It may be the dog days of August when the sweaty weather favours cold beer, a hammock and a Thai beach, but instead all investment eyes will be on Jackson Hole. Central Bankers will be spinning platitudes at their annual shindig about their (mis)management of the global economy. Today, Fed Chair, Jay Powell, is expected to give an inkling on where rates are going. With the US housing market already in a tailspin, his tightrope balancing act of keeping inflation in check whilst not killing off the economy, seems an unlikely pipe dream. Hold on to your hats.
News reaches Spy that Christy Chan has moved roles. Christy has been pinched from Value Partners in Hong Kong, where she focused on Wealth Distribution, by Blue Owl. Christy will continue to focus on the wholesale market; her new role is Principal, Private Wealth Distribution. Blue Owl is an American, New York-headquartered alternatives asset manager with more than $120bn in AuM. The firm is known for its direct private lending and real estate strategies. Christy also had stints at Neuberger Berman and Standard Chartered Bank.
Another week another asset management merger. This time it is taking place Down Under. Australia’s Perpetual has announced it is acquiring Pendal. The combined entity will result in a manager with assets under management of more than A$200bn. The market was rather unimpressed and sent its shares tumbling yesterday, falling 8%. With the recent track record of active manager mergers around the world proving less than stellar, Spy can hardly blame Perpetual’s shareholders from running for the hills. We can but see if this one plays out better and all those ephemeral “cost savings” and “synergies” materialise as promised.
And boom, just like that, the culture wars arrive in asset management. Spy is not talking about whether we should have pronouns or not. The battle ground is ESG. The State of Texas passed a law last year that, in essence, wants state pensions and school funds to shun asset managers and banks who care about ESG. The logic is simple: their attitude may harm local oil interests. BlackRock, Jupiter, Nordea, Schroders, BNP Paribas, UBS and Credit Suisse, among others, are targets of the law. A list of 348 mutual funds have been earmarked for active “divestment”. Expect a lot of back and forth as asset managers and banks defend their active investment in oil to Texas, whilst simultaneously telling the vocal ESG lobby elsewhere that they also care about the world and are promoting green energy. A very difficult circle to square.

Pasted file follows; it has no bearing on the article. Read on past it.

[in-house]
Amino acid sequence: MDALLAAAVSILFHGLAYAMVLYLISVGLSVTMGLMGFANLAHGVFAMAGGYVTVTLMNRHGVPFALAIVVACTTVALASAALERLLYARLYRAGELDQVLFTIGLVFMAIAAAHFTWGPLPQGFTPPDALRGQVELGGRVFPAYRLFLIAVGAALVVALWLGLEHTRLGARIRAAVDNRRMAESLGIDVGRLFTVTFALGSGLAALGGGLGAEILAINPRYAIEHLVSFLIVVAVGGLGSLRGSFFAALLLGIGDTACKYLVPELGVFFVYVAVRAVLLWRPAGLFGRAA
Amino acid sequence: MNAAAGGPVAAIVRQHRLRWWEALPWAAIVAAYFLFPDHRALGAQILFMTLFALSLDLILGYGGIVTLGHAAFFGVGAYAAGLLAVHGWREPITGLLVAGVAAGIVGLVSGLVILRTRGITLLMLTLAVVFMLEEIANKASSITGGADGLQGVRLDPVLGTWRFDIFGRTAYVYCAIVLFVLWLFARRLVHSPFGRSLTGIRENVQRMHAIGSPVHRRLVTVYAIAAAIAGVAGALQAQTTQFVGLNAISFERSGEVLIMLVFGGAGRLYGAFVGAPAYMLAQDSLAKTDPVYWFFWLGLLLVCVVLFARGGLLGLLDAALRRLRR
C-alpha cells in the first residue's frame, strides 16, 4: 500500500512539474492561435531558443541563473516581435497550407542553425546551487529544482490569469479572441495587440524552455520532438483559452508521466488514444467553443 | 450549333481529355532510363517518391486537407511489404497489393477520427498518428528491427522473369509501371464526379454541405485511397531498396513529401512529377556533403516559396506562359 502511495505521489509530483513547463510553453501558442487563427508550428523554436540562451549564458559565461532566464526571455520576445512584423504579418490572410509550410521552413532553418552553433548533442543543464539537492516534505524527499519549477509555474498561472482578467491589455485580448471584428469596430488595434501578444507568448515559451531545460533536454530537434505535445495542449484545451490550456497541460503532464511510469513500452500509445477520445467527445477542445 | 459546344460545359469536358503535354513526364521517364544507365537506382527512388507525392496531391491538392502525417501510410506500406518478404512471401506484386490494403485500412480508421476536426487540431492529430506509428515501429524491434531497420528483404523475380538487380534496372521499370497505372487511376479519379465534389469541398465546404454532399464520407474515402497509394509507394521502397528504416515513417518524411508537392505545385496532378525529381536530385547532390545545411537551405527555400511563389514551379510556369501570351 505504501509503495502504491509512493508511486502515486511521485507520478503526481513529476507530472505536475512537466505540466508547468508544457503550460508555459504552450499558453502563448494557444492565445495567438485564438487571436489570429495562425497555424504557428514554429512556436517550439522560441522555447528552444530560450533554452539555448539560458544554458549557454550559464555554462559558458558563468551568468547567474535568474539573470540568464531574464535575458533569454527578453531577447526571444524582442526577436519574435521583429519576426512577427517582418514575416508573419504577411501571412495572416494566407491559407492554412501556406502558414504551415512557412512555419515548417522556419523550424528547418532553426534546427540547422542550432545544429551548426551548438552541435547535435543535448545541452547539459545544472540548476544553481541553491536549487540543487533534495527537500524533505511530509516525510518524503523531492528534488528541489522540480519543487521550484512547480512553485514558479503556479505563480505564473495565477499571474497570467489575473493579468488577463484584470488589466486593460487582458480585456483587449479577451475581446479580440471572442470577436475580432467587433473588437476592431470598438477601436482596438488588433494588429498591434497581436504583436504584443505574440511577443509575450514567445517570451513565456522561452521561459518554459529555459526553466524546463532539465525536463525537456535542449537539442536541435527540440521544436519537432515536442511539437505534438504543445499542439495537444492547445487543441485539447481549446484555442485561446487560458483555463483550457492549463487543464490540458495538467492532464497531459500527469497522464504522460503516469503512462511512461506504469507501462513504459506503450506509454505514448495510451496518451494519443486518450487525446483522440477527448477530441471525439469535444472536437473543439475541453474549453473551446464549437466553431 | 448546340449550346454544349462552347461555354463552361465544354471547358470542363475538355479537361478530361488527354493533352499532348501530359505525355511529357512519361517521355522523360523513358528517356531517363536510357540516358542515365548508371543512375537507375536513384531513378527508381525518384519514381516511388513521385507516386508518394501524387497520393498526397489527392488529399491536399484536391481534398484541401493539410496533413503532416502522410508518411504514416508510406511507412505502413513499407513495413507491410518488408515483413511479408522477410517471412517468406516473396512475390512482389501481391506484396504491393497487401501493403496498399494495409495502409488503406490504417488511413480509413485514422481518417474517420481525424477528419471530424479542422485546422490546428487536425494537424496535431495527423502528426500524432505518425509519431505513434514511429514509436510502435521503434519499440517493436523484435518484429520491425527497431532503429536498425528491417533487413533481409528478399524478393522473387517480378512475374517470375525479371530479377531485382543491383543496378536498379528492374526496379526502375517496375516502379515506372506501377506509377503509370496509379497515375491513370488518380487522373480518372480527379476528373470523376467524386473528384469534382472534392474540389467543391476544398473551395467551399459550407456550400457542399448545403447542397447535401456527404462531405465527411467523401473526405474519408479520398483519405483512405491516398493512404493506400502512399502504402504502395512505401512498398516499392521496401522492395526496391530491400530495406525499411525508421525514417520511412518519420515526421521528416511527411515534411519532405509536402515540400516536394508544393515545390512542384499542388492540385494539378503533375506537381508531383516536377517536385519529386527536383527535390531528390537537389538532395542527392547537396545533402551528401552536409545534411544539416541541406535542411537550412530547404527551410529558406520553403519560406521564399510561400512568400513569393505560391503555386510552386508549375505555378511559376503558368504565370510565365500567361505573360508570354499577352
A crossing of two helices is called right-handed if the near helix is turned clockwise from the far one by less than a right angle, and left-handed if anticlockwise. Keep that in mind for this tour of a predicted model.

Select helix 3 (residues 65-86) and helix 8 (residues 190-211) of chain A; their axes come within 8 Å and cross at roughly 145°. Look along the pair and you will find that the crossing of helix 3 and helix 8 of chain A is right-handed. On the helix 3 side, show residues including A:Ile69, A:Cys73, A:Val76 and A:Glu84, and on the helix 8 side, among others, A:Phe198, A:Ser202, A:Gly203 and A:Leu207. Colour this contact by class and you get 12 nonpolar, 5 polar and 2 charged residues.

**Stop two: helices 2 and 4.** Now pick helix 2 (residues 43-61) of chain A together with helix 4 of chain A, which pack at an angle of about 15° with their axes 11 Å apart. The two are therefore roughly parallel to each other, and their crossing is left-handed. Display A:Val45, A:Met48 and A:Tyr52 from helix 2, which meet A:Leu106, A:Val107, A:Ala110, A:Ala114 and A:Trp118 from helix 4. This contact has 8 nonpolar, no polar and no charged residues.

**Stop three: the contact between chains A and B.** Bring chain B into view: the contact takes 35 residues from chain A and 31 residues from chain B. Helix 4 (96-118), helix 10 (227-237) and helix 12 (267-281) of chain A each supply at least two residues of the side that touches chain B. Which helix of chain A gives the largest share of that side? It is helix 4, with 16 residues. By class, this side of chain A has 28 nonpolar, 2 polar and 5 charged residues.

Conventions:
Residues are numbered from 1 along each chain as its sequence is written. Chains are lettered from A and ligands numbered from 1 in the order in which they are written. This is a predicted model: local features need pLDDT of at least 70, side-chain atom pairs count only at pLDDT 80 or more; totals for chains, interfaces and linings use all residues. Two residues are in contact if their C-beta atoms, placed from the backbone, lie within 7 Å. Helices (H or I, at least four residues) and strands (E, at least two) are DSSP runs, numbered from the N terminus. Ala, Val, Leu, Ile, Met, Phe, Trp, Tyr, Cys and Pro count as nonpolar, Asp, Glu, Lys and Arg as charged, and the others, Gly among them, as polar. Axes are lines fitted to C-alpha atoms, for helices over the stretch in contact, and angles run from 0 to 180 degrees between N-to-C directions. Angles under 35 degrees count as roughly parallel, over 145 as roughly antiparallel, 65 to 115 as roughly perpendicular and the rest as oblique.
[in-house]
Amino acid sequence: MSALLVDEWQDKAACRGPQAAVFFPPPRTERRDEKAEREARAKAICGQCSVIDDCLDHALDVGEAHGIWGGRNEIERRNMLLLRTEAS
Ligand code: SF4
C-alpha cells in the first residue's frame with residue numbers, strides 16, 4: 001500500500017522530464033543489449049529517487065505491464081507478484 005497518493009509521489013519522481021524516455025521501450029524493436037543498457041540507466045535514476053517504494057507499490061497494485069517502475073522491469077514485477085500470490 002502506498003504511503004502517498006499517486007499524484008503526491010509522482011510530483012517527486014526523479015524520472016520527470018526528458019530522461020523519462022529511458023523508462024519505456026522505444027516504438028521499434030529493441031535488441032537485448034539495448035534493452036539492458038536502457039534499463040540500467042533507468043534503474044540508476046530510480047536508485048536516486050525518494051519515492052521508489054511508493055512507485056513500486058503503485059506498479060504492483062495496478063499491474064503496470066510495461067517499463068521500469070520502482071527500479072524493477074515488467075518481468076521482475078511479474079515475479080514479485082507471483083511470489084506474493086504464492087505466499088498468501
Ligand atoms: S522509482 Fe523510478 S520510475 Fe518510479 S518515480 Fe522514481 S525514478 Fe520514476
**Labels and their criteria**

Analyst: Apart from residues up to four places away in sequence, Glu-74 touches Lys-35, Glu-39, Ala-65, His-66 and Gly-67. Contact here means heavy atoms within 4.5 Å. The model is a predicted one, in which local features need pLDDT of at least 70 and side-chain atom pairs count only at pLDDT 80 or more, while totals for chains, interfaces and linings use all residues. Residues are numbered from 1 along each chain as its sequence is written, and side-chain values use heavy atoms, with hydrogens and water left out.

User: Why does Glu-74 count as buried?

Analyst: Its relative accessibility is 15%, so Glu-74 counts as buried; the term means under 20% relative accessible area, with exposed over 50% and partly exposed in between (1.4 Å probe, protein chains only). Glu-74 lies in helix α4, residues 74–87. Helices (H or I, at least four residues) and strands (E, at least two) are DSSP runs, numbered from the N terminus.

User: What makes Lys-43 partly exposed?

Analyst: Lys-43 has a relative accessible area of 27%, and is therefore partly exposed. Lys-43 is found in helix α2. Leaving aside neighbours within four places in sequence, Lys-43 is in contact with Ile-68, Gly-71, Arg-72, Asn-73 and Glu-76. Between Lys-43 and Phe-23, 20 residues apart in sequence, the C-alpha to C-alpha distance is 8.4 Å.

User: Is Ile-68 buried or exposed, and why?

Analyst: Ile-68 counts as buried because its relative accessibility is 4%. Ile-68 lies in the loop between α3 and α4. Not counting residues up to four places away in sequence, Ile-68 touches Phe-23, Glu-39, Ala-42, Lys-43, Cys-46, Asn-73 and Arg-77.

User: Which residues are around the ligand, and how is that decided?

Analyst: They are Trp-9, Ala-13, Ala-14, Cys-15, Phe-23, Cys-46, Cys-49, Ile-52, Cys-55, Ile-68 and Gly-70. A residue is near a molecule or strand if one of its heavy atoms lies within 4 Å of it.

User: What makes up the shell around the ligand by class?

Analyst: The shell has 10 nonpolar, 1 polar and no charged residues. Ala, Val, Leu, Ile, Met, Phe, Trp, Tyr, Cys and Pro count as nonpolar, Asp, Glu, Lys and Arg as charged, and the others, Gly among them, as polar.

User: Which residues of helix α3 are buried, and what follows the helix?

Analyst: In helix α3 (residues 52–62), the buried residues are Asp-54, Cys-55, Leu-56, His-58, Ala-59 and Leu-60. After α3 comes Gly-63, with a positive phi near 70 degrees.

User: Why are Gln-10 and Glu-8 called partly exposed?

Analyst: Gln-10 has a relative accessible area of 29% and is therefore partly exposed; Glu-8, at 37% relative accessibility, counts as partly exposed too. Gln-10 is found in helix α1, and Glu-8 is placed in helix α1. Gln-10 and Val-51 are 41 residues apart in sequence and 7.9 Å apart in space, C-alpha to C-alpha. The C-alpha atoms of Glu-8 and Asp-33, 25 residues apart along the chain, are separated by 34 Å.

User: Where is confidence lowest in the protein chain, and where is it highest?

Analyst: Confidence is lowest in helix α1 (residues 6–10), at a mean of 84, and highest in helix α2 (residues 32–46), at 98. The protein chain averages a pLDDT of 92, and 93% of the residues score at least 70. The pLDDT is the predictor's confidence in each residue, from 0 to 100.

Fund jumps can come in the most unexpected quarters, notes Spy. Take a look at the Sprott Uranium Miners ETF, it is up more than 22% in the last 30 days. Japan has decided that despite the Fukushima disaster, it has no choice but to continue to invest in nuclear energy. With no oil of its own, being beholden to the global oil price has its drawbacks when you are a major industrial nation. France traditionally uses nuclear power and, in the dying days of his term in office, British Prime Minister Boris Johnson has signed off another nuclear power station in the UK. How do you say yellowcake in Japanese?
Traditional active mutual funds continue to, in general, bleed assets as investors move towards ETFs. Certainly true of the US and Europe. The ETF evangelists have won the public relations “lower cost” war, reckons Spy. However, if one looks closely, active format ETFs are in fact rapidly gaining assets. Investors may love an index but the allure of active fund managers “beating the market” still holds appeal to wealth managers and investors. The data may suggest that few active managers outperform over the long term, but investors seem perpetually excited to let them have a go over the short term at least.
We live in the era of the “side hustle”, what our grandparents used to call “moonlighting”. What if you sign up for a job full time, but in fact work full time for somebody else, wonders Spy? Caixin has a great story this week that a private equity firm in China discovered its entire newly-hired sales team had connived to do exactly that. Each team member was employed elsewhere, full time, and collectively they had deceived management that they were “out on the road” selling deals. Of course, no such work was going on, and all the while, they were clipping healthy basic salaries at both firms. Nice work if you can get it.
Would the last person to leave, please turn out the lights? It seems the exodus from Hong Kong is not slowing down. It is almost shocking to read that since August 2018, a mere four years ago, Hong Kong’s total labour force has dropped by six percent. In April this year, the total number of people that were employed, or indeed looking for working in the city, dropped by more than 33,000. This is the highest number since 1990. It is not hard to understand why people have decided to look elsewhere. Hong Kong’s ridiculously strict quarantine rules, combined with changes in certain traditional freedoms, are taking their toll. Singapore must be thanking its lucky stars.
Pithy, but absolutely true: “In bull markets, investors are blind to the risks. In bear markets, investors are blind to the opportunities” ~ Brian Feroldi.
Until next week…